j Option

The j option requests acknowledgement from MongoDB that the write operation has been written to the journal.

j

Requests acknowledgement that the mongod instances, as specified in the w: <value>, have written to the on-disk journal. j: true does not by itself guarantee that the write will not be rolled back due to replica set primary failover.

Changed in version 3.2: With j: true, MongoDB returns only after the requested number of members, including the primary, have written to the journal. Previously j: true write concern in a replica set only requires the primary to write to the journal, regardless of the w: <value> write concern.

Changed in version 2.6: Specifying a write concern that includes j: true to a mongod or mongos running with --nojournal option produces an error. Previous versions would ignore the j: true.

wtimeout

This option specifies a time limit, in milliseconds, for the write concern. wtimeout is only applicable for w values greater than 1.

wtimeout causes write operations to return with an error after the specified limit, even if the required write concern will eventually succeed. When these write operations return, MongoDB does not undo successful data modifications performed before the write concern exceeded the wtimeout time limit.

If you do not specify the wtimeout option and the level of write concern is unachievable, the write operation will block indefinitely. Specifying a wtimeout value of 0 is equivalent to a write concern without the wtimeout option.

Acknowlegement Behavior

Calculating Majority for Write Concern

The majority for write concern "majority" is calculated as the smaller of the following values:

  • the majority of all voting members (including arbiters) vs.
  • the number of all data-bearing voting members.

Warning

In cases where the calculated majority number is equal to the number of all data-bearing voting members (such as with a 3-member Primary-Secondary-Arbiter deployment), write concern "majority" may time out or never be acknowledged if a data bearing voting member is down or unreachable. If possible, use a data-bearing voting member instead of an arbiter.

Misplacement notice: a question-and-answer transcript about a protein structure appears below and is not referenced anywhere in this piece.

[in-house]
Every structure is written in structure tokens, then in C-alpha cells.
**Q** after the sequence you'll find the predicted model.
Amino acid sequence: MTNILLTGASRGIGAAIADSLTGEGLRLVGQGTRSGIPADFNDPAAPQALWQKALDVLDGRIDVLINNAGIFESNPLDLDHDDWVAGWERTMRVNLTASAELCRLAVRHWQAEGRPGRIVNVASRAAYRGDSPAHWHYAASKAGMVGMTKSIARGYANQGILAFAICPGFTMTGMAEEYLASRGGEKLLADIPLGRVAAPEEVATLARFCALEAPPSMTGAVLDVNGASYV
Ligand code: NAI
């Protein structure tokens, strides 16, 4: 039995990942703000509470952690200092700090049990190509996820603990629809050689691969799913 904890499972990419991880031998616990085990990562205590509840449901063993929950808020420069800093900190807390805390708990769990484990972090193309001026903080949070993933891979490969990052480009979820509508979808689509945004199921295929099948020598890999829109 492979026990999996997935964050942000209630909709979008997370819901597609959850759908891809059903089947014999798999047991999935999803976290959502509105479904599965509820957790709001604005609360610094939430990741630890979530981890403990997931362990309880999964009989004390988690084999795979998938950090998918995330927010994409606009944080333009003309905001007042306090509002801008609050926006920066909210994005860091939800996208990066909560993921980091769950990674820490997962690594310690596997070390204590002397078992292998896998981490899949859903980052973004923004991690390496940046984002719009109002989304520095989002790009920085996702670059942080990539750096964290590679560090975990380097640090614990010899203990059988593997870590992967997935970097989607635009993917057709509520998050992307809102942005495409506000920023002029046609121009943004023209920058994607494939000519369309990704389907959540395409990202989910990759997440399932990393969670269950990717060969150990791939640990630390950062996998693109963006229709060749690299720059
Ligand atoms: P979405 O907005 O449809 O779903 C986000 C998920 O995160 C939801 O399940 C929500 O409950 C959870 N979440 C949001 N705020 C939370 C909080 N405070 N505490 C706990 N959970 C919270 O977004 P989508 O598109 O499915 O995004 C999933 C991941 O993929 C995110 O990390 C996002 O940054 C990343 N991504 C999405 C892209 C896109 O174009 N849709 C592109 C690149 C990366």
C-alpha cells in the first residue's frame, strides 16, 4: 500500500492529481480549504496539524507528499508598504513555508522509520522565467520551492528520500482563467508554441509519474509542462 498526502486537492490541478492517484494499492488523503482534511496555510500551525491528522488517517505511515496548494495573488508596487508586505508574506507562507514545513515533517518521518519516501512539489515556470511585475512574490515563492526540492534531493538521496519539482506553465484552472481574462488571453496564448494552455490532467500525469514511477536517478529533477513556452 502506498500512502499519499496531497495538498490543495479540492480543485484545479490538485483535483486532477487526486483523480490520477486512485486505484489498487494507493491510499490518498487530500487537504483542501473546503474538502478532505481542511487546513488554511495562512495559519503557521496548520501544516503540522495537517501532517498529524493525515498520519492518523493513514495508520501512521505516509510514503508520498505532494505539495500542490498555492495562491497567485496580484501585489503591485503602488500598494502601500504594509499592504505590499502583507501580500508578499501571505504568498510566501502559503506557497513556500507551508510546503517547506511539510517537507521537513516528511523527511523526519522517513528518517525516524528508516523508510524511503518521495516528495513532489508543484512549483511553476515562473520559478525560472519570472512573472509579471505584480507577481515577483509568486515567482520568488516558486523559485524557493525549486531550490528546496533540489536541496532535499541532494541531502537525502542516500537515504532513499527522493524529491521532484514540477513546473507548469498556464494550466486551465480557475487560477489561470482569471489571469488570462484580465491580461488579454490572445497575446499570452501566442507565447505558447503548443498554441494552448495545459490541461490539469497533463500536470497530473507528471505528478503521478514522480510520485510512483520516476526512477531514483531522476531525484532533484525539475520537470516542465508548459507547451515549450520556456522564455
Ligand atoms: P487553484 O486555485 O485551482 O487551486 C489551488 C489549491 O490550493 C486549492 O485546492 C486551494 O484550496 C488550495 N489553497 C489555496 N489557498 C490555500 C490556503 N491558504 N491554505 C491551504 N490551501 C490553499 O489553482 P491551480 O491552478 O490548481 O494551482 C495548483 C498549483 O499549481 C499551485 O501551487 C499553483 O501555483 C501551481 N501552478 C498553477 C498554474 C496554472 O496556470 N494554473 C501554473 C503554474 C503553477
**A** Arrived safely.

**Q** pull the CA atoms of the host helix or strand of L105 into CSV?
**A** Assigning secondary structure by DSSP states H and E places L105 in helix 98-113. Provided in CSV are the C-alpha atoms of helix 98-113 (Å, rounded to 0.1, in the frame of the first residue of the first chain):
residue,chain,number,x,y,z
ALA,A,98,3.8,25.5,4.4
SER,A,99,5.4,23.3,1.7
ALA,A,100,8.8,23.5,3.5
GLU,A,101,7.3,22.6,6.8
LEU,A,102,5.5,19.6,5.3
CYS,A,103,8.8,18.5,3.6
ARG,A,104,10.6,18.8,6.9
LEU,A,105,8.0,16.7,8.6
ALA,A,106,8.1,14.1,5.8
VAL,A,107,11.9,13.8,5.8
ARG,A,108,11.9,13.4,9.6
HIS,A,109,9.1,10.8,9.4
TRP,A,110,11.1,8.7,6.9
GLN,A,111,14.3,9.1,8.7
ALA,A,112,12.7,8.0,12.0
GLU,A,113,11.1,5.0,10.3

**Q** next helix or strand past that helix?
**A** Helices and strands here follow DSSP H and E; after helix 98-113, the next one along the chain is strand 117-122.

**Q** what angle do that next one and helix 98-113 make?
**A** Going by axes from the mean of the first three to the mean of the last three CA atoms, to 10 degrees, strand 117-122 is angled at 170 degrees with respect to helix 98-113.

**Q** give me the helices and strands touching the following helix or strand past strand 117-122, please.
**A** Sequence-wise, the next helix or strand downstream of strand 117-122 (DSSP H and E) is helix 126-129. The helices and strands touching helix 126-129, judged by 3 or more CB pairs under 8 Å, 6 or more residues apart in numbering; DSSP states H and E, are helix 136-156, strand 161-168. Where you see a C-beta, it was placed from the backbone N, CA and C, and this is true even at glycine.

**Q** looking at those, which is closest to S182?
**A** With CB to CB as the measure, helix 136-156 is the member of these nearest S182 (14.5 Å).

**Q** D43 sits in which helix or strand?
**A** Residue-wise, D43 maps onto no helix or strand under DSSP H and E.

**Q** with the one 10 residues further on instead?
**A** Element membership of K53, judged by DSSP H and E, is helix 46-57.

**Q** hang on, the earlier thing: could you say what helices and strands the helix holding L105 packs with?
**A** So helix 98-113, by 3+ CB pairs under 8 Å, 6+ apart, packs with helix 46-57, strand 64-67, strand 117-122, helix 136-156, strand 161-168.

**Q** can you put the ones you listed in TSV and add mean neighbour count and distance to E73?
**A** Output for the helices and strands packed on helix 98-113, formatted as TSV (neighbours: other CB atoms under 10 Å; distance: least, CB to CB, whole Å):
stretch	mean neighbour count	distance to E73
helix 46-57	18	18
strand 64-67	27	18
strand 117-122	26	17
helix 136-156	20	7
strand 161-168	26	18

For example, consider:

  • A replica set with 3 voting members, Primary-Secondary-Secondary (P-S-S):

    • The majority of all voting members is 2.
    • The number of all data-bearing voting members is 3.
    The calculated majority is 2, the minimum of 2 and 3. The write must propagate to the primary and one of the secondaries to acknowledge the write concern "majority" to the client.
  • A replica set with 3 voting members, Primary-Secondary-Arbiter (P-S-A)

    • The majority of all voting members is 2.
    • The number of all data-bearing voting members is 2.
    The calculated majority is 2, the minimum of 2 and 2. Since the write can only be applied to data-bearing members, the write must propagate to the primary and the secondary to acknowledge the write concern "majority" to the client.

    Tip

    Avoid using a "majority" write concern with a (P-S-A) or other topologies that require all data-bearing voting members to be available to acknowledge the writes. Customers who want the durability guarantees of using a "majority" write concern should instead deploy a topology that does not require all data bearing voting members to be available (e.g. P-S-S).